It is for this reason that we chose to center the Essential Question of hope as the idea driving this Unit plan and consequently each lesson. Mary Church Terrell’s life is a study of activism grounded in hope that in turn created lasting change and institutions that bear the prints of her hands, the timbre of her voice, the dedication of her heart and the integrity of her thoughts. We hope you discover Mary Church Terrell and in that discovery find that hope— in the face of disappointment, hard facts and setbacks— can and does endure.

Tracking the Arc of Social Justice through the Generations

In the following set of lessons, students will participate in a variety of activities that will spark a connection between twentieth and twenty-first century social justice initiatives led by Mary Church Terrell.

Terrell dedicated herself to suffrage, equal rights and a lifetime of activism following the lynching of her good friend, Mr. Thomas Moss, a businessman and postman who was killed by white business owners because they wanted to eliminate the competition of his store, The People’s Grocery in Memphis, Tennessee. Terrell responded to this violence and sadness by choosing to act. She never turned back.

As the students analyze and synthesize a variety of primary sources about Terrell’s life and works, they will gain a better understanding of the reasons for the success and failure of social justice movements and campaigns during her lifetime.

Throughout the unit students will discuss equity, suffrage, Black femme style, Black maternal health, state sanctioned violence, and the importance of education and organizing. The overall unit plan is anchored by a brief biography of Terrell’s life. Each lesson plan has a set of key words and terms with definitions, a framing, resources, discussion question and proprietary activities. Students will engage in critical inquiry as they learn how the topics relate to historical events and their own lives. When students feel empowered to contribute honestly in a safe space where they wrestle with multiple perspectives in addition to their own, such discussions can be positive and life-changing.

Lesson Plan: Inquiry

We encourage teachers to begin each lesson explaining to students that they are about to begin a unit exploring Mary Church Terrell and Her Quest for Social Justice.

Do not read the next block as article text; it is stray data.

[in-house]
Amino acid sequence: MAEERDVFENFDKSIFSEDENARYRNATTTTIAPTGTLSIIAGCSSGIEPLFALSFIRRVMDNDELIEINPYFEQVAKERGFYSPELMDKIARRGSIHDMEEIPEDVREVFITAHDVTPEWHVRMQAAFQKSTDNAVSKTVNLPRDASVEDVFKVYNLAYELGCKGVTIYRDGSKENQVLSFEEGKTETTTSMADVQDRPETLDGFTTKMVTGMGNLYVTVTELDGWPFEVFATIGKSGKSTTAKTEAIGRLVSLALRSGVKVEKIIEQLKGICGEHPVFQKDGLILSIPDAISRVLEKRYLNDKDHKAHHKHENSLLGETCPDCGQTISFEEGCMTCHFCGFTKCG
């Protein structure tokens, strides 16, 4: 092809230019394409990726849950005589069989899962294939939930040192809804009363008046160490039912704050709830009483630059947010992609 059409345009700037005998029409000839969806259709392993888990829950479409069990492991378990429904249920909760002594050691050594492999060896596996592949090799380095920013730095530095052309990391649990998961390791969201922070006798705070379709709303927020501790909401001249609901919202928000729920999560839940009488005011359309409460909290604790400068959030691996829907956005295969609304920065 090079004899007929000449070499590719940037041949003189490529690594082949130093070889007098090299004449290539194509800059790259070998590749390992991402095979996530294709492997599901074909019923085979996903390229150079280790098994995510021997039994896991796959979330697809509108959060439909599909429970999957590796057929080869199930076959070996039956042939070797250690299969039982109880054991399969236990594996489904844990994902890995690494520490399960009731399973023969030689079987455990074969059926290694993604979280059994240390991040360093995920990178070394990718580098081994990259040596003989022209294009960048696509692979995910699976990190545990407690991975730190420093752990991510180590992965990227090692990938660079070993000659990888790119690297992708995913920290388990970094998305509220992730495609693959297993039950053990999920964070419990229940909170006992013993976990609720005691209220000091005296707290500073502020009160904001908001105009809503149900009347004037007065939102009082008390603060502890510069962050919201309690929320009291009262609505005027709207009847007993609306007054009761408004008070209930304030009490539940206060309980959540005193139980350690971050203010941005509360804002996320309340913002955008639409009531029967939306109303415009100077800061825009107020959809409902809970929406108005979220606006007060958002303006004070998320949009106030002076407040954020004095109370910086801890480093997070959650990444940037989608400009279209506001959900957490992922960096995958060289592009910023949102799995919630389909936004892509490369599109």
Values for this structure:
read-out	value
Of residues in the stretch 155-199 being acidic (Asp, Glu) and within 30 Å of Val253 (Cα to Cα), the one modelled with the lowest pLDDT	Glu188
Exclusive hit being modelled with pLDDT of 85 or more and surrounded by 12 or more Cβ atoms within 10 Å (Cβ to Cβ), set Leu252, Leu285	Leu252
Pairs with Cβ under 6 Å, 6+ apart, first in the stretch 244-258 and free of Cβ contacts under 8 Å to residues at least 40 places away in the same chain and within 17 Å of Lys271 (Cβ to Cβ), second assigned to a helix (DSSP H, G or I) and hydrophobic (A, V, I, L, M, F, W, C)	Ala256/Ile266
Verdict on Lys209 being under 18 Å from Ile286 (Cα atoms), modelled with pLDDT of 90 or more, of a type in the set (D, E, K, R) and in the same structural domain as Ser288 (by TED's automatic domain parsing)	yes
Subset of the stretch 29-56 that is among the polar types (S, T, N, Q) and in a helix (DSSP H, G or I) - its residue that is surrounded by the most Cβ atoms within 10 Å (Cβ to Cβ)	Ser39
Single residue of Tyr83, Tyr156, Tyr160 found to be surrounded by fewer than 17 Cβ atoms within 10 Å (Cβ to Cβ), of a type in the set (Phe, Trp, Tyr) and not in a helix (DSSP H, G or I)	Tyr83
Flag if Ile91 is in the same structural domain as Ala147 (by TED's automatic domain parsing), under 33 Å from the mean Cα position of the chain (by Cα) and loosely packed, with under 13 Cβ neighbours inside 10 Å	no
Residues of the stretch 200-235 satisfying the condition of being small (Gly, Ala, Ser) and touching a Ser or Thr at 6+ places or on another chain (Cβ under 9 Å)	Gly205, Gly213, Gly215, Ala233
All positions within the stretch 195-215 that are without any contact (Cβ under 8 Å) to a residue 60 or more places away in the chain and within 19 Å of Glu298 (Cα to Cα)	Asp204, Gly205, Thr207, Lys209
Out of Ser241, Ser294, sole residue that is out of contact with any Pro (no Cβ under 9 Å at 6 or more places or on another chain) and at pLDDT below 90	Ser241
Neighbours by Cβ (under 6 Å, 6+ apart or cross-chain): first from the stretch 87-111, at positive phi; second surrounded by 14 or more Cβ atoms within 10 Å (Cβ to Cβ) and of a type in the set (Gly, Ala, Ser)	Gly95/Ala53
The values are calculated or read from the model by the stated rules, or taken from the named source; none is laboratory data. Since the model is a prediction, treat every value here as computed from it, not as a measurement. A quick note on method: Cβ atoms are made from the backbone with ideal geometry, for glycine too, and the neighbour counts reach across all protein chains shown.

Describe and explain the idea of the changing same and the activist through-line of “our possibilities for good in the future are limitless” cuts through and re-shapes this by creating endless places and opportunities for change, growth and transformation.

Ask the students the Essential Question: Does hope always triumph over despair?

Explain that you want them to think about this idea in the back of their minds as they learn about Terrell and her activism. Distribute or display the brief biography of Mary Church Terrell. You might choose to adapt this narrative instead of using the one we have provided. Either way, read aloud as a group, as students highlight or note any words or phrases that stand out to them and help them to understand her life and its import.

Lesson Plan: Methodology

Introduce the concept of transcribing by telling the students what is involved, and explaining to the students that they will actually be doing the work of historians in this lesson!

Take them collectively or direct them individually to the collections on the Library of Congress (LOC) website—the links are located within each lesson and on the resource page. The video links are from the LOC site and will explain the differences between primary and secondary documents and the value that this work of transcribing will offer. This is a useful way to help students understand why using primary and secondary sources to unveil moments in the past and present allows them to analyze and write up their own understanding of the past for themselves, just like grown-up historians.

Note: Prior to exploring the historical case study of this unit—Mary Church Terrell and Her Quest for Social Justice—it is important that students and teachers spend some time establishing and nurturing classroom boundaries and expectations of mutual respect and open-mindedness. Building a culture and setting expectations will equip students with the skills to engage with each other in important and sometimes uncomfortable conversations.

[1] (An Especial Appeal From The President Of The Association written by Mary Eliza Church Terrell, 1863-1954, in National Association Notes, Vol. 3, no. 1, June 1899, p. 2, 1 page(s)

Transcribe Guide

Browse the resources for helping your students join the crowdsourcing project at the Library of Congress with our easy-to-use Transcribe Guide

Learn more about Mary Church Terrell

Want to learn more about Terrell & her writings? Visit our “Who was Mary Church Terrell?” page and our document with additional links to learn about Terrell.

What is Douglass Day?

Did you know: Douglass Day was one of the original inspirations for Black History Month? Learn more on our page about the History of Douglass Day.

Resources for College Classes

Please consult our page with a list of suggested plans for the college classroom, (especially if you prefer to hold your transcription events after Feb 14).